I work with the youngest minds of our society. They are exposed to do things far beyond their curriculum. That’s why I prefer calling them “little big minds of my classroom”. My classroom, as I happily call it, is an extremely enabling space. It’s a class which is abuzz with acceptance and disagreements, thereby providing a constant opportunity for learning – unlearning and relearning. I feel extremely privileged because of these bunch of stories around me, which provide a constant sense of “self-actualization”.
My classroom and similar other enabling avenues, allow me to re-explore already known aspects, but with a completely diverse set of lenses. Every week I interact with over 250 students and with their myriad of perspectives, each of which conveys a unique story. Their stories often reflect their experiences, strengths and a glimpse of their aspirations. Not only do they speak their minds, but also actively engage in conversations into unchartered domains.
These little big minds have accepted me the way I am and provided me a space in their life where they can talk about their loved ones and their feelings. Whether it’s about my love for applying mehndi on my hands, or pushing them to their limits or wearing wrist bands, their acceptance is “complete”. My earlier sense of “apprehension” has given way to a sense of “complete mutual trust”.
At one of my schools, I engage with the diverse schools of arts/ art forms. Some groups, with the love of acting, while other groups that enjoy storytelling, to a complete contrast with another group that enjoys coloring and painting, and another set that deals only in poetries.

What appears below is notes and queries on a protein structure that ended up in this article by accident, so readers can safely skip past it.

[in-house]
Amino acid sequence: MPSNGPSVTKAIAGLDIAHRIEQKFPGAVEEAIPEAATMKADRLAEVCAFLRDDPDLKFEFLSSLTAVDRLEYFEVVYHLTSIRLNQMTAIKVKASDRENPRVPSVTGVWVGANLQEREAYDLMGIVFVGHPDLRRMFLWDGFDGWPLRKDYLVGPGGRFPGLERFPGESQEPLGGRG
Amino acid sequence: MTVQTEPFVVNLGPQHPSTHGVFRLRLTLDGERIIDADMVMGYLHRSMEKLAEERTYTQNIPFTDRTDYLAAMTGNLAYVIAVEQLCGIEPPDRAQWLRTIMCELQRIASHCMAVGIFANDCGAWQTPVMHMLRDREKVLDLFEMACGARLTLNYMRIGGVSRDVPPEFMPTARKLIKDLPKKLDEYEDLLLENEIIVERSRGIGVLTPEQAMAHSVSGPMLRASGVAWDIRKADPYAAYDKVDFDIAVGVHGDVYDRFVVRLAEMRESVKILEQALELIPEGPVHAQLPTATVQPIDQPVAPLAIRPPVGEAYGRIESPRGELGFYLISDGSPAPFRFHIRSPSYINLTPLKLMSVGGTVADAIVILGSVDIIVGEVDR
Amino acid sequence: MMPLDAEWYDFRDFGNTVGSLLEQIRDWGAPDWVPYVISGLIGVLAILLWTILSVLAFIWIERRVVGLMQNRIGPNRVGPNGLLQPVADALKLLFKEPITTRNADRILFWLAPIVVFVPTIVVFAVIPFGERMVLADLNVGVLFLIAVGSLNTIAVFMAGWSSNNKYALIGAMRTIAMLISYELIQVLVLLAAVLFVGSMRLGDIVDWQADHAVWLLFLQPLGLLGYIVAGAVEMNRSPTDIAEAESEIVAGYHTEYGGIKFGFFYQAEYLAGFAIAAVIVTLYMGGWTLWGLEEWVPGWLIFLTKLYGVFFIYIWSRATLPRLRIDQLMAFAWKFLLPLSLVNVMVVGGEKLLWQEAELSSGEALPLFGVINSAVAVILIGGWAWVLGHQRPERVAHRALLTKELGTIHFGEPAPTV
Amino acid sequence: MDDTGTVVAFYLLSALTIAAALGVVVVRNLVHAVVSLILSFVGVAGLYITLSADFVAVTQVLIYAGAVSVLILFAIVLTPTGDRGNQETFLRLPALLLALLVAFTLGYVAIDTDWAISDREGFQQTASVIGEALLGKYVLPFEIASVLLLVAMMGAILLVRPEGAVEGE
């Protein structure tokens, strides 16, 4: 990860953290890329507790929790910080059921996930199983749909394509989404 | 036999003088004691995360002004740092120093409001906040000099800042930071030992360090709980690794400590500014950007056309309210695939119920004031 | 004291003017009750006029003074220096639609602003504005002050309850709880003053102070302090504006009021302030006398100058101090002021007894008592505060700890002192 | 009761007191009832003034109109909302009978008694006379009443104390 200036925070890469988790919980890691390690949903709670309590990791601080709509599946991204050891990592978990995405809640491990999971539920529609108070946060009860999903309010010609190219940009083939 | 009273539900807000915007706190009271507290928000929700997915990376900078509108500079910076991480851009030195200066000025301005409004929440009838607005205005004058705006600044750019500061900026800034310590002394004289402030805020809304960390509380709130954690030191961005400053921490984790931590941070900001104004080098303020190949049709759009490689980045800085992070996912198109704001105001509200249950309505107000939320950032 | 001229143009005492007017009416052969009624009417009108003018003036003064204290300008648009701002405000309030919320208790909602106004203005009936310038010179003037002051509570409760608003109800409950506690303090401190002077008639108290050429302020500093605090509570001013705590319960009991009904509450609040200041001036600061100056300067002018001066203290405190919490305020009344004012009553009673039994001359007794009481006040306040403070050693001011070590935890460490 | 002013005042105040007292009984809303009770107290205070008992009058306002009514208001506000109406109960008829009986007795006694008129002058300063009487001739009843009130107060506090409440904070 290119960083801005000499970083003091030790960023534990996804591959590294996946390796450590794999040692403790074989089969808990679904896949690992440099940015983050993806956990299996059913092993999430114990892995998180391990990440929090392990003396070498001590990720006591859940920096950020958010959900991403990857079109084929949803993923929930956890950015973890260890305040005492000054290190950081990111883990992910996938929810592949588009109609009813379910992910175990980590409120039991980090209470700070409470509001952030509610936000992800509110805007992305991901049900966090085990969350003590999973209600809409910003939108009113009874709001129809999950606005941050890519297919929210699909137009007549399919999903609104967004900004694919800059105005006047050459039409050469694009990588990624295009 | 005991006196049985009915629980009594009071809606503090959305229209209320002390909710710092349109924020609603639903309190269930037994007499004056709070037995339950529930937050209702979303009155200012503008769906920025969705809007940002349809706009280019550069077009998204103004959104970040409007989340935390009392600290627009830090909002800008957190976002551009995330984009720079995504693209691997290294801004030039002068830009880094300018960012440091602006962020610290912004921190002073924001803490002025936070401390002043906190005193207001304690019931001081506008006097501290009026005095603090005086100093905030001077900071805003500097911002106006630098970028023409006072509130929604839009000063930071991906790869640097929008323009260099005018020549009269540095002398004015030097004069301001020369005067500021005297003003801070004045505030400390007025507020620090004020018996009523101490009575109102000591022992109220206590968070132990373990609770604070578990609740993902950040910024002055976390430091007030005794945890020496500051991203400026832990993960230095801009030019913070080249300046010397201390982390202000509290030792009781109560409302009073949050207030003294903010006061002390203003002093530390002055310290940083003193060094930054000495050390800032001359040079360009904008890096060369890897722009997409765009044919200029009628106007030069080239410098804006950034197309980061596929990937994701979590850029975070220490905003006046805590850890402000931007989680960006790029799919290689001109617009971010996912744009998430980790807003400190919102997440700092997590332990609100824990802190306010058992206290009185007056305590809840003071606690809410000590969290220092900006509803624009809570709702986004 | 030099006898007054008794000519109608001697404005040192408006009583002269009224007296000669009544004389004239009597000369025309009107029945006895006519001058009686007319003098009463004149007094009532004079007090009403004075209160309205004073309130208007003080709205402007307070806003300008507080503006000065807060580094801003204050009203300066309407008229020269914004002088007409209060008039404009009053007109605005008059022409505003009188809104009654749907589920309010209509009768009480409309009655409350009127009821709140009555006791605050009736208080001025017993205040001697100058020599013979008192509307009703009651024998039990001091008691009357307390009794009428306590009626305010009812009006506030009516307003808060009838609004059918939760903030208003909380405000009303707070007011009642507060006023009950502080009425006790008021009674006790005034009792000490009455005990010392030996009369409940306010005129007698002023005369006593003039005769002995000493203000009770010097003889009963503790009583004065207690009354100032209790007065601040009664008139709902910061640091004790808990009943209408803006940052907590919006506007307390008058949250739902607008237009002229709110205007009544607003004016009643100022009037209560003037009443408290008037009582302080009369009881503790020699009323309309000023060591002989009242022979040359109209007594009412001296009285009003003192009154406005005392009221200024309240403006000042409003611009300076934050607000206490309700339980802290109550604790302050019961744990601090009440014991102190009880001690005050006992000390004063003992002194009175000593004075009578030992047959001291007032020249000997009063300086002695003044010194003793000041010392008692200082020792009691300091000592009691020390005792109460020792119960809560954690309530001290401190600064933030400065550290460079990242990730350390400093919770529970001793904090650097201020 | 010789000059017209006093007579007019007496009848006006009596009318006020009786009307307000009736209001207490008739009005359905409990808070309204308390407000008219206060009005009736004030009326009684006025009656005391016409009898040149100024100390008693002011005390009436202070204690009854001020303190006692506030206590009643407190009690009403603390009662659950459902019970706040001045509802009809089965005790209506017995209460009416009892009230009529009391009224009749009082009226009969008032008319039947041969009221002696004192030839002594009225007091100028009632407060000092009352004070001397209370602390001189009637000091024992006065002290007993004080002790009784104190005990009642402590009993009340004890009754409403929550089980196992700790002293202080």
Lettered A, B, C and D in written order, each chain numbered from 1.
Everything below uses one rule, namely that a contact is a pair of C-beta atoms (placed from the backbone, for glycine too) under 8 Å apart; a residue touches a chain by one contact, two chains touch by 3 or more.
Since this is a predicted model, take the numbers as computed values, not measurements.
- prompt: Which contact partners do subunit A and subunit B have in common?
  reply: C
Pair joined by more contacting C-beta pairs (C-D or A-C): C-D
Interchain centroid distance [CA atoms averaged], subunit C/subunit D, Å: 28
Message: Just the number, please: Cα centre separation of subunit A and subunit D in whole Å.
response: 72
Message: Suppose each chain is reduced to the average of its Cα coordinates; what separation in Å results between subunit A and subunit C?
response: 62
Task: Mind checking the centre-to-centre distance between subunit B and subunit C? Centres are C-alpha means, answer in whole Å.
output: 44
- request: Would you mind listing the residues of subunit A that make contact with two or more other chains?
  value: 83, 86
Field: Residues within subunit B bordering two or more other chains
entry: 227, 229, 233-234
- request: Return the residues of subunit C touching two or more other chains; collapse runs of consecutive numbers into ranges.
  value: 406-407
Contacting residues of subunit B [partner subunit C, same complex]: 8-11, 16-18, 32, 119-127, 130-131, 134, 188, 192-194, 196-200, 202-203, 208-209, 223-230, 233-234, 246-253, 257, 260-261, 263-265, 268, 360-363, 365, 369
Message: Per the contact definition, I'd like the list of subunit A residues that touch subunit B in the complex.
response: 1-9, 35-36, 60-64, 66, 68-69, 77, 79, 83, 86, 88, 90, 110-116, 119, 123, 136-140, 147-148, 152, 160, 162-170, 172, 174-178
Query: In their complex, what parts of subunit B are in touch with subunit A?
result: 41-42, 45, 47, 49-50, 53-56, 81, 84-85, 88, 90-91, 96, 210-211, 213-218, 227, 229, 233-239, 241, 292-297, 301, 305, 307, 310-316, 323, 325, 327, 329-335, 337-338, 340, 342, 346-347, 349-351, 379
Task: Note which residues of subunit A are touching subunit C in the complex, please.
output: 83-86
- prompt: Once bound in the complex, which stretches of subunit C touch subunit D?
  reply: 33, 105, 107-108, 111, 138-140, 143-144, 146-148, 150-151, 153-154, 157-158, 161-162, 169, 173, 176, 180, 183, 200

Here’s a glimpse of one such poetry, directly from the classroom:-
“एम्पथी जब मैं दिखाती हूँ,
तो बहुत खुश हो जाती हूँ।
जब मुझे लगता है कि
मैं सबको समझ पाती हूँ,
तो बहुत खुश हो जाती हूँ।
दोस्तों के लिए मॉनिटर के रूप में,
उनकी थोड़ी स्ट्रिक्ट दोस्त बन जाती हूँ।
जब मेरा कोई गिर जाता है,
मैं दुखी हो जाती हूँ।
जब हमारा पेपर आता
हम खुश हो जाते हैं।
जब मेरी चीज़ गुम हो जाती,
मैं रोने लगती हूँ ।
किसी को समझना आसान नहीं होता,
फिर भी कोशिश करती हूँ।”0
– A poem by Shahida
[When I act with empathy, I feel very happy. when I feel I am able to understand others, I feel very happy. In the form of a monitor, I become a little strict to my friends. When someone falls, I feel sad. When our results come, We feel happy. When I lose something, I start crying. To understand someone is not easy, But I still try.]
A couple of weeks back in one of my classrooms we were discussing Conflict and this is how the kids fought against the Mr/Mrs.Conflict. They performed a play where they made Mr conflict the king of the world. They made anger, jealousy, greed, abusive words and tension as soldiers of Mr conflict and how they will resolve the conflict.. And another group of students presented Conflict in a form of photo story where they talked about road accidents and how they arise but everyone starts making videos and no one cares to resolve them. These two diverse yet distinct ways of presentation have taught me a lot, about the old and the ongoing contemporary issues. All this, in addition to the phenomenal analytical skills of the students, has not just encouraged me but has also constantly kept me on my toes. Thereby, necessitating constant introspection and an honest reflection of my work. In a nutshell, all this has not just enhanced my skills and given me a sense of maturity in my thinking, along with a sense of intense joy and contentment.
Hence, a constant reassurance of the phrase “do what you Iove”.
This is the photo story created by the students:
About the author: Shahbaan Shah joined Apni Shala as a programme fellow after finishing his Graduation in Sociology. When shahbaan is not in class building life skills with children, Shahbaan enjoys expresssing himself through poetry. He also represents himself as the founder of SHOR Poetry Club.